Review: Johnson honors past and present on album
This CD cover image released by Mercury Nashville shows the latest release by Jamey Johnson, "Living for a Song: Tribute to Hank Cochran." (AP Photo/Mercury Nashville)
Jamey Johnson, "Living For A Song: A Tribute To Hank Cochran" (Mercury)
Jamey Johnson set out to honor one of the most successful songwriters in country music history with "Living for a Song: A Tribute to Hank Cochran." He does that — and much more.
He also honors other heroes and favorite vocalists, by inviting them to participate. Pairing with such legendary figures as Merle Haggard, Kris Kristofferson, Willie Nelson, Ray Price and George Strait, Johnson shares beloved songs with many of the distinctive voices that shaped his ideas of what country music can achieve.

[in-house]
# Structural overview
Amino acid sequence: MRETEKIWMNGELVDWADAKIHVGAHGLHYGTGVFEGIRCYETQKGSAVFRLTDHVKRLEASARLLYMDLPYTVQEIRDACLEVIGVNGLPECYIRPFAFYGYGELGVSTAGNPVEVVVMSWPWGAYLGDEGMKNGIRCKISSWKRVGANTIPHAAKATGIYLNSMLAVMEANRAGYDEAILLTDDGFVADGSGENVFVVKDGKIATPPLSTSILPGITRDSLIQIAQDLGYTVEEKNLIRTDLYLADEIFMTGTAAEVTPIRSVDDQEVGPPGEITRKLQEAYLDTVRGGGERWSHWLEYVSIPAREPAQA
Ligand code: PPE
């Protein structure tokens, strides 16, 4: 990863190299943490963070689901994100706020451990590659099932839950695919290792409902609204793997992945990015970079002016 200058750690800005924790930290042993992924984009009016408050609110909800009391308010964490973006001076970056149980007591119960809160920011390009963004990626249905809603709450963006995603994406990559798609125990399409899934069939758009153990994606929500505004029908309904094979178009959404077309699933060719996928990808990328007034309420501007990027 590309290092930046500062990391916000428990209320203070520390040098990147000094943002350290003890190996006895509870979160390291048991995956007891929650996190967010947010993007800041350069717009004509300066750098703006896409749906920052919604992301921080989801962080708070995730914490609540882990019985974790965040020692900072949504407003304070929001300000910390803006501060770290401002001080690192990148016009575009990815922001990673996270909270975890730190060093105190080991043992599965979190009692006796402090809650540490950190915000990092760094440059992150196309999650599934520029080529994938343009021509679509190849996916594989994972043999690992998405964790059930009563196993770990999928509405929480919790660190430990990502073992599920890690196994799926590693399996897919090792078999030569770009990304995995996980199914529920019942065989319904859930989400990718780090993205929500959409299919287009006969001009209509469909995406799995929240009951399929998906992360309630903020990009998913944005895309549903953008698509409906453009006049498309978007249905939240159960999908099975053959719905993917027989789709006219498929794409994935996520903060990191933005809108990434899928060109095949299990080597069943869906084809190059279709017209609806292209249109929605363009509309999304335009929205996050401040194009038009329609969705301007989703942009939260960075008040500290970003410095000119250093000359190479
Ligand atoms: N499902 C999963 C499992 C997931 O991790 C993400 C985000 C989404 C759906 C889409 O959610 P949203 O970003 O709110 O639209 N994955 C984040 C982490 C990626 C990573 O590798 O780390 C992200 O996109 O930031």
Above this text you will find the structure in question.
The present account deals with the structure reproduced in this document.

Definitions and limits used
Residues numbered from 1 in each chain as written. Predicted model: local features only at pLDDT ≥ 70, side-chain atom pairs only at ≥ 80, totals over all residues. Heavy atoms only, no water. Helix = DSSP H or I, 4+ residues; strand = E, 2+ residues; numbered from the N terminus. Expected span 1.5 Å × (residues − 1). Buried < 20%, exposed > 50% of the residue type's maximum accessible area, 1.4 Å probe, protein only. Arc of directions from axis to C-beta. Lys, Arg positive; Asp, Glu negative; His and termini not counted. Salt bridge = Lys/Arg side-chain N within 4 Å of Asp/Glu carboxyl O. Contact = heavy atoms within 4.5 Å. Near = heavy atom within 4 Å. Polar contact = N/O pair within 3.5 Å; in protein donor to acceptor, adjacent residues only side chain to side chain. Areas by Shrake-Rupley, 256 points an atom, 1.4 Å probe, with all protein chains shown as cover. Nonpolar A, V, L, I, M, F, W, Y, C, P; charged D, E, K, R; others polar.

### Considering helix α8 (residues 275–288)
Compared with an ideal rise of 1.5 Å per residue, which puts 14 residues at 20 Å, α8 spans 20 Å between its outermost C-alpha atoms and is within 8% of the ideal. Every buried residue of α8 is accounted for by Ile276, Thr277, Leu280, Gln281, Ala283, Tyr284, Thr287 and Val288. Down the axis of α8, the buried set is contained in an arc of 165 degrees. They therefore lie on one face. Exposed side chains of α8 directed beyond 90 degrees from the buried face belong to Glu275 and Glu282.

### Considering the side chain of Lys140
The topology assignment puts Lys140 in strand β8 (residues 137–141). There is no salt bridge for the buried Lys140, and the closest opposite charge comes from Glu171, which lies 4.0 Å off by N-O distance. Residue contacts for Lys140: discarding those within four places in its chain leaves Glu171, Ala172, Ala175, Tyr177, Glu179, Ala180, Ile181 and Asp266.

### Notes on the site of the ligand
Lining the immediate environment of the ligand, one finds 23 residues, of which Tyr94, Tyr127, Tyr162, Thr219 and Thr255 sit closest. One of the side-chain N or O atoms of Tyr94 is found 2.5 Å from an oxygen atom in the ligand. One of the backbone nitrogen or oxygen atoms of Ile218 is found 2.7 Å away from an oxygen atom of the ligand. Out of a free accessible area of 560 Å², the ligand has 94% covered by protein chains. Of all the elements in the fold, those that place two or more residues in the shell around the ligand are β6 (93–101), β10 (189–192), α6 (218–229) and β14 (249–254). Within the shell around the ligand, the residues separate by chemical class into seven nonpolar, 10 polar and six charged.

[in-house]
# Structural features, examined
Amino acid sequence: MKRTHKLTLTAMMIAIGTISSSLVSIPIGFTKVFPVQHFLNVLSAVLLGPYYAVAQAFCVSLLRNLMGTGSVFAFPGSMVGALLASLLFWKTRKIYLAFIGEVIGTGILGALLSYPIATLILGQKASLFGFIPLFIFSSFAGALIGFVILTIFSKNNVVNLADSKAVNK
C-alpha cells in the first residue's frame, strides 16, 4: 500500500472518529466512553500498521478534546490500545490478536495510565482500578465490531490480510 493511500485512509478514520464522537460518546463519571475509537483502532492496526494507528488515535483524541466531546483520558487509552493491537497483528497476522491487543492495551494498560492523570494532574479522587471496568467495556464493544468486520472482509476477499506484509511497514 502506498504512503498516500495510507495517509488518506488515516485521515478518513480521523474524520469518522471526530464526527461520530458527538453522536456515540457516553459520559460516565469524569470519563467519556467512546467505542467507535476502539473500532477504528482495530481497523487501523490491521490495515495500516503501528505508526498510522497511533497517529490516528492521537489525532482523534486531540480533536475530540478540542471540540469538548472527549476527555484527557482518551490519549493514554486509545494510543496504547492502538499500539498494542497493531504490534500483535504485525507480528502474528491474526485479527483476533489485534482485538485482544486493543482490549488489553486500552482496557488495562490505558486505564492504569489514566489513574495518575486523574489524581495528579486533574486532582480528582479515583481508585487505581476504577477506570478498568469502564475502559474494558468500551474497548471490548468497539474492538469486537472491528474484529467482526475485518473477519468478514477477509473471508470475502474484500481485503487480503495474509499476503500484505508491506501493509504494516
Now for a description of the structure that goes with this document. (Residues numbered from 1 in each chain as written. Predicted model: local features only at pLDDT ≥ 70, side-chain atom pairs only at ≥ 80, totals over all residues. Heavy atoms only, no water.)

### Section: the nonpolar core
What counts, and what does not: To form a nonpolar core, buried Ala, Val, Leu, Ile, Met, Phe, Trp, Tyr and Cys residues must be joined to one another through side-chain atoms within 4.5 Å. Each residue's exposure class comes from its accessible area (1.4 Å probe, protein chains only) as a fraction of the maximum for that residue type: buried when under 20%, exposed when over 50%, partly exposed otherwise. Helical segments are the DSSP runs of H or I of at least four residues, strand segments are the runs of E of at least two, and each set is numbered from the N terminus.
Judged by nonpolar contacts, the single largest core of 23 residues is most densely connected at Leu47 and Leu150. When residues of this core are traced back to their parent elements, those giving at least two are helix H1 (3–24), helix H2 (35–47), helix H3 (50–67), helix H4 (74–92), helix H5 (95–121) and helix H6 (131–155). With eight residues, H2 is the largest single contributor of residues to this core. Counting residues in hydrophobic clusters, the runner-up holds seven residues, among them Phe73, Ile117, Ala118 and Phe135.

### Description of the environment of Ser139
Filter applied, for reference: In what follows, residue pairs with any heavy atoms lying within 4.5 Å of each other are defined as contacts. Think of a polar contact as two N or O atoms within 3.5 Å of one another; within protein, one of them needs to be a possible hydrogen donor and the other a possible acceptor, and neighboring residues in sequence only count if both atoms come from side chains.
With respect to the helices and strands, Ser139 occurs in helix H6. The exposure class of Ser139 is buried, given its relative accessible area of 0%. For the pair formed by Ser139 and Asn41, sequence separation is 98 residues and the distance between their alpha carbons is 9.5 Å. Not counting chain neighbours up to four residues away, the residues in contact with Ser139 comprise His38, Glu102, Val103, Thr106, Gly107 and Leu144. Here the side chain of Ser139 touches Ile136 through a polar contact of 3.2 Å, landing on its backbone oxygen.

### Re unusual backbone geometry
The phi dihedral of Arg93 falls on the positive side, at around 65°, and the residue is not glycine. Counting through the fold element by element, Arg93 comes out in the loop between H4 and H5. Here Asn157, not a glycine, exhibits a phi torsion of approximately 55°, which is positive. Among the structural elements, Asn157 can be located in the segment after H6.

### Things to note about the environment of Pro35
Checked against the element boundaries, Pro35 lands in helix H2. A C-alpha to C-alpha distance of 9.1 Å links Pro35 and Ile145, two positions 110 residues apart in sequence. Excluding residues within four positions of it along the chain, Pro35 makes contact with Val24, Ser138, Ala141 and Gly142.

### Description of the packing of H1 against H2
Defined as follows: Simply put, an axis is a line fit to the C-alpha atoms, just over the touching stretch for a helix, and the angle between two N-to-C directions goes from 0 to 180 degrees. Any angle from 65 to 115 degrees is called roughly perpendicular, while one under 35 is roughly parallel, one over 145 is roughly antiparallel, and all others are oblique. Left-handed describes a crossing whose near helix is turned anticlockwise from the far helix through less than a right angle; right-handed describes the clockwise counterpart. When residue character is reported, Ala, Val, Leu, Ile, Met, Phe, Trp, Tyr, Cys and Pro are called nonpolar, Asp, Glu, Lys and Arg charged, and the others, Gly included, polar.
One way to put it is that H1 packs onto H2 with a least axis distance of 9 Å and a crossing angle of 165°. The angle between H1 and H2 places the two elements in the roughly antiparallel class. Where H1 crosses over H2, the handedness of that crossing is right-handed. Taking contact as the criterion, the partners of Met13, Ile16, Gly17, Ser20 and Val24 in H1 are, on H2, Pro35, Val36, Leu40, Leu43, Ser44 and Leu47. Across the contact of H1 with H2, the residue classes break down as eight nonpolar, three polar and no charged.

In a broader sense, he also honors the highest qualities of country music — not just its great songs and its great voices, but also how sublime an old-school Nashville studio recording can sound when done with care by outstanding musicians.
Co-producing with Buddy Cannon and Dale Dodson, Johnson creates a traditional country masterpiece by taking classic songs, re-arranging them in fresh ways, then focusing on subtly bringing out the emotion in each song through both the vocal and instrumental interplay.
Each recording makes a case for why Johnson loves country music, and he lets everyone else involved in their project share in that love. Any listener who loves classic country music will enjoy hearing it as much as those involved enjoyed making it.
CHECK OUT THIS TRACK: Johnson's cover of "A Way To Survive," a 1966 hit for Ray Price, shows off how the singer finds a distinctive way of his own to emulate the laid-back, emotion-drenched drawl of many of the best country singers. With Leon Russell taking a verse, and Vince Gill joining on high harmony on the choruses, it's a vocal showcase set to western swing fiddles and a steel guitar.